|Publication number||US4157311 A|
|Application number||US 05/829,899|
|Publication date||Jun 5, 1979|
|Filing date||Sep 1, 1977|
|Priority date||Sep 1, 1977|
|Publication number||05829899, 829899, US 4157311 A, US 4157311A, US-A-4157311, US4157311 A, US4157311A|
|Inventors||Edward D. Orth, William J. Schultz|
|Original Assignee||General Electric Company|
|Export Citation||BiBTeX, EndNote, RefMan|
|Patent Citations (6), Non-Patent Citations (2), Referenced by (9), Classifications (12)|
|External Links: USPTO, USPTO Assignment, Espacenet|
The invention relates to a method for manufacturing a mixture of sensing material and more particularly to a method for making a mixture of sensing material having improved ion efficient characteristics for a given volume of material heated to a predetermined temperature to provide enhanced indicating instrument sensitivity when the sensing mixture is assembled in an electrical gas detection device and exposed to a flow of halogen vapor.
It is well known to use electrical gas detection devices to detect ions collected at oppositely charged emitter and collector electrodes near which a mixture of ion emitting material is positioned. Typically, such a sensing device includes a cylindrical negative electrode having a helically wound positive heater electrode coaxially disposed around it. The negative electrode is formed of a relatively inert material such as platinum and is filled with a mixture of sensing material such as granules of ceramic coated with an alkali metal. In using a device of this type to detect gas leaks; for example, leaks in refrigeration systems or other systems of piping in which a halogen tracer gas has been introduced, it is only necessary to draw a sample of gas from adjacent the system, through a suitable tubular probe, into contact with the sensor element of the indicating device. As the sample gas is passed through or near the heated electrodes, sensing material located within the negative electrode induces a flow of ions from the alkali source mixture at a rate that varies dependent on the concentration of halogen gas in the sample gas.
Examples of such prior art vapor detectors are disclosed in U.S. Pat. No. 2,795,716-Roberts and U.S. Pat. No. 3,439,262-Roberts, both of which are assigned to the assignee of the present invention. As explained in yet another patent, U.S. Pat. No. 3,471,746-Roberts, also assigned to the same assignee, one operating difficulty encountered with the use of electrical discharge vapor detecting devices is that they are highly sensitive to variations in temperature of the mixture of sensing material. Thus, it is desirable to either provide a constant heat input to the sensing material, based upon empirical heat loss data for a given sensing element, or to provide an accurate temperature control for the sensor in order to assure accurate and reliable indications of current rate between the emitter and collector of the instrument. The need to control the heater temperature of such an instrument is complicated by the fact that the heat developed by the heating coil varies as the square of the voltage applied to it and the sensitivity of the sensing mixture increases logarithmically with respect to temperature variations.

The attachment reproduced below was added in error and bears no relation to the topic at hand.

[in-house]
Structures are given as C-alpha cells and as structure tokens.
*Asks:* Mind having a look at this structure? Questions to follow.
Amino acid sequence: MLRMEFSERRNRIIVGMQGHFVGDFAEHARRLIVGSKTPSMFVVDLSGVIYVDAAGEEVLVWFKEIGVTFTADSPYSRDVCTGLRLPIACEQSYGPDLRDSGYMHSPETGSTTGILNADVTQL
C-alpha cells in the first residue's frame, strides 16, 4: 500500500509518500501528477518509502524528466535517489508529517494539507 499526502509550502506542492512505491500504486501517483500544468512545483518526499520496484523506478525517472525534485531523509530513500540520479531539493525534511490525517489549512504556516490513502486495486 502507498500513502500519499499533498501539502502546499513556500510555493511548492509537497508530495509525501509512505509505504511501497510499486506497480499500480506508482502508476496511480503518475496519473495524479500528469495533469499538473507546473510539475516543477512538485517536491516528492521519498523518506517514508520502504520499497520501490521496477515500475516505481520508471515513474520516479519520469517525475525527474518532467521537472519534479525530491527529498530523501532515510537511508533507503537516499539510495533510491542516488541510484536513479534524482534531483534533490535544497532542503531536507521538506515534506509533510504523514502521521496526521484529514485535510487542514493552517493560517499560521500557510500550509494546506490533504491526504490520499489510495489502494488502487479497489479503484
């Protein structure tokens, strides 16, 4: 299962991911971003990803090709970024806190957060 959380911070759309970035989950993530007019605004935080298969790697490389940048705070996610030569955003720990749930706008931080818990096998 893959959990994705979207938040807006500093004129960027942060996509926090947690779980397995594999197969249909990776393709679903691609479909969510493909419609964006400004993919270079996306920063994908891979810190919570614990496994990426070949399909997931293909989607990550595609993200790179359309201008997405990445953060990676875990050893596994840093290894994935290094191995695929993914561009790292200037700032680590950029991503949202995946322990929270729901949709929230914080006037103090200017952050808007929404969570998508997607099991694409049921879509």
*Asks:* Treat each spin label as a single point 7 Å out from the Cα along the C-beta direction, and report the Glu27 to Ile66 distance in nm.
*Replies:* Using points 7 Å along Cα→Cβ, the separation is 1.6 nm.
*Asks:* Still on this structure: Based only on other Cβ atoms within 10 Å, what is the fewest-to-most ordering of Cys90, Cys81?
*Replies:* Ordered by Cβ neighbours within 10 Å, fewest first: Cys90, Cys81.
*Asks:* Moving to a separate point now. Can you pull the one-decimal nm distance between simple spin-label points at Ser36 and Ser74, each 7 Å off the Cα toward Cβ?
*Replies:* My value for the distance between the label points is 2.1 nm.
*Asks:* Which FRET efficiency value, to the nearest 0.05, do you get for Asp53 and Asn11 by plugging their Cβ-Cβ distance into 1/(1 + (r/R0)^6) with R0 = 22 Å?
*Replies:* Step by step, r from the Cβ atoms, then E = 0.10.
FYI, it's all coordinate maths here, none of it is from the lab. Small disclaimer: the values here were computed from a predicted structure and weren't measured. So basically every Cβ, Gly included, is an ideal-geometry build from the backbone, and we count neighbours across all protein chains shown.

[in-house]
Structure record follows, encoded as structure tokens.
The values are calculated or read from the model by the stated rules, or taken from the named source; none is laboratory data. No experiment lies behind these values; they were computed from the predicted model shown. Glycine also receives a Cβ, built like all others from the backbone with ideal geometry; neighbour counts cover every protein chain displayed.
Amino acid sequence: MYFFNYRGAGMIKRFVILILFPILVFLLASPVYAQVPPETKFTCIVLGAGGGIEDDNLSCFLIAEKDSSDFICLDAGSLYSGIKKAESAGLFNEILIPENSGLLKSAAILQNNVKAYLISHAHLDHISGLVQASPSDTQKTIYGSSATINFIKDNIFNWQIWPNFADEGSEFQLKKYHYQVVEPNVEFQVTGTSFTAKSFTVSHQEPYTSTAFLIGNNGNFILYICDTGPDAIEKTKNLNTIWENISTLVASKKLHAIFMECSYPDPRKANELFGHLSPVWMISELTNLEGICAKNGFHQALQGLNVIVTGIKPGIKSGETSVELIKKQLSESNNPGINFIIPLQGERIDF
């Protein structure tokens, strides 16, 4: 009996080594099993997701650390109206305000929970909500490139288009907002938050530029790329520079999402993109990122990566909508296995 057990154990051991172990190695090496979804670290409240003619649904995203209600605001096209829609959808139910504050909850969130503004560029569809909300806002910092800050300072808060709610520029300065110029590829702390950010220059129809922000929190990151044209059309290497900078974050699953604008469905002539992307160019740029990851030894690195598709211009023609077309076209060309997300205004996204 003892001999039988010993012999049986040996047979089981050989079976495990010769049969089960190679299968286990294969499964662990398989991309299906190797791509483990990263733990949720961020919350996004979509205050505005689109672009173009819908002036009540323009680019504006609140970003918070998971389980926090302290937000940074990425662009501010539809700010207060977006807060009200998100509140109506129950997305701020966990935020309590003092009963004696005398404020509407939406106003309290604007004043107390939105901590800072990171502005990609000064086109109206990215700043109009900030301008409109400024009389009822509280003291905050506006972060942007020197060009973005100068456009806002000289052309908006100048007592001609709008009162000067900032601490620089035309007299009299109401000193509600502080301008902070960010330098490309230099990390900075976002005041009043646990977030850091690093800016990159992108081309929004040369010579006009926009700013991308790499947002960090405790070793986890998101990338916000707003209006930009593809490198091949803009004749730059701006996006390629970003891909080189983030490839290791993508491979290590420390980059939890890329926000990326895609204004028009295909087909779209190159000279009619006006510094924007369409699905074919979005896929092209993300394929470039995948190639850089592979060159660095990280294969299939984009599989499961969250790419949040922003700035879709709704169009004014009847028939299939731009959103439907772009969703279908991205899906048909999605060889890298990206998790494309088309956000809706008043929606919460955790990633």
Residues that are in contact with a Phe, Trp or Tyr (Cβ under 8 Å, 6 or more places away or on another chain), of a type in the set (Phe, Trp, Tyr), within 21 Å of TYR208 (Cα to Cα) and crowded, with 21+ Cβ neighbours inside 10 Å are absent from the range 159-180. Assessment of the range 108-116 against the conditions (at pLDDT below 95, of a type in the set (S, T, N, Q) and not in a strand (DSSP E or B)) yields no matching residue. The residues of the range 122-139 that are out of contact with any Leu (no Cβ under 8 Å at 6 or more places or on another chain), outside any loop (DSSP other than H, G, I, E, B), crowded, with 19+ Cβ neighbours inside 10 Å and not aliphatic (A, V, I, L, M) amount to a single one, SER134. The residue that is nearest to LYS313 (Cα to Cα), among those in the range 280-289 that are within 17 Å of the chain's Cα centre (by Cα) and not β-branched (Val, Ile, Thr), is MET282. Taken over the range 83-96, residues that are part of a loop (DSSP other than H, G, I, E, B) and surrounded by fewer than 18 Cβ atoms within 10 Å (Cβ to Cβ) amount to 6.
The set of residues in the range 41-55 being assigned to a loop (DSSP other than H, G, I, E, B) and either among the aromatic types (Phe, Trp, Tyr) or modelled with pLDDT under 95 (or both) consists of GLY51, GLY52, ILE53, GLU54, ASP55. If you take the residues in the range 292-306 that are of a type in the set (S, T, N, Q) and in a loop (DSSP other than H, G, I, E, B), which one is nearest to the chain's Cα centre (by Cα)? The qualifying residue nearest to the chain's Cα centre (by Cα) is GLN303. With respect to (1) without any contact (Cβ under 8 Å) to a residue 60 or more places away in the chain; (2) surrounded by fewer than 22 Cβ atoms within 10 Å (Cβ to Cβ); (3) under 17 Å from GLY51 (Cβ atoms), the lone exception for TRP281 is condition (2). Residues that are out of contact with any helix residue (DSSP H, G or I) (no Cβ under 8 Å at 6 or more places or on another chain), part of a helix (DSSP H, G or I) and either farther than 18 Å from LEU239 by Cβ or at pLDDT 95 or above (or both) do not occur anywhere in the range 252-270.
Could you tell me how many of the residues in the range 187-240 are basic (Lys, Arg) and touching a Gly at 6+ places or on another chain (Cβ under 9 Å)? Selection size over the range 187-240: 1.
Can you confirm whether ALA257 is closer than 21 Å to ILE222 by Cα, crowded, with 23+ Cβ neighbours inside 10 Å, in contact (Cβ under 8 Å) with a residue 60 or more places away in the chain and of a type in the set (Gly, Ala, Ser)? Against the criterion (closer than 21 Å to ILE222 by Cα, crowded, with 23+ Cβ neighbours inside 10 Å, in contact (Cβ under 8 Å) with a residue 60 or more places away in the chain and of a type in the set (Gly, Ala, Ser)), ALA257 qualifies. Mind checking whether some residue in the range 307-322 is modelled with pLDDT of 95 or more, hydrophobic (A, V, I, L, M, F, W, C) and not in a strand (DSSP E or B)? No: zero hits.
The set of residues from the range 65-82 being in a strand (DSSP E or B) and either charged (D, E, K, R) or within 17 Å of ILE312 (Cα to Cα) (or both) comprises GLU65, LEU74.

Practical engineering considerations such as limitations on size and economic constraints on design costs make it particularly difficult to provide the desired level of accuracy in vapor detecting instruments when the instruments must be made small enough to be conveniently portable. On the other hand, the large number of leak detecting applications in which it is desirable to have a portable gas detecting instrument make it very desirable to overcome these difficulties. Thus, it would be particularly useful to provide a halogen detecting instrument that incorporates an alkali metal sensing mixture in which a relatively small volume of sensing material affords a sufficiently large and uniform current flow to provide an accurate indication of a detected halogen vapor when the mixture of sensing material is heated to a given temperature. Moreover, it would be advantageous to provide a method of making such a sensing mixture that enables the mixture to be heated to its most ion efficient state by a heater that requires a relatively low level of energizing power.
Accordingly, it is an object of the present invention to provide a method for making a sensing mixture for a halogen gas sensor instrument that is capable of producing a relatively large indicating current from a small volume of sensing material that can be readily heated to an optimum emission temperature by a small heater current.
Another object of the invention is to provide a method of making a mixture of sensing material for a halogen gas detector in which an unusually large area of alkali metal is dispersed throughout the interstices of a small volume of supporting granular material.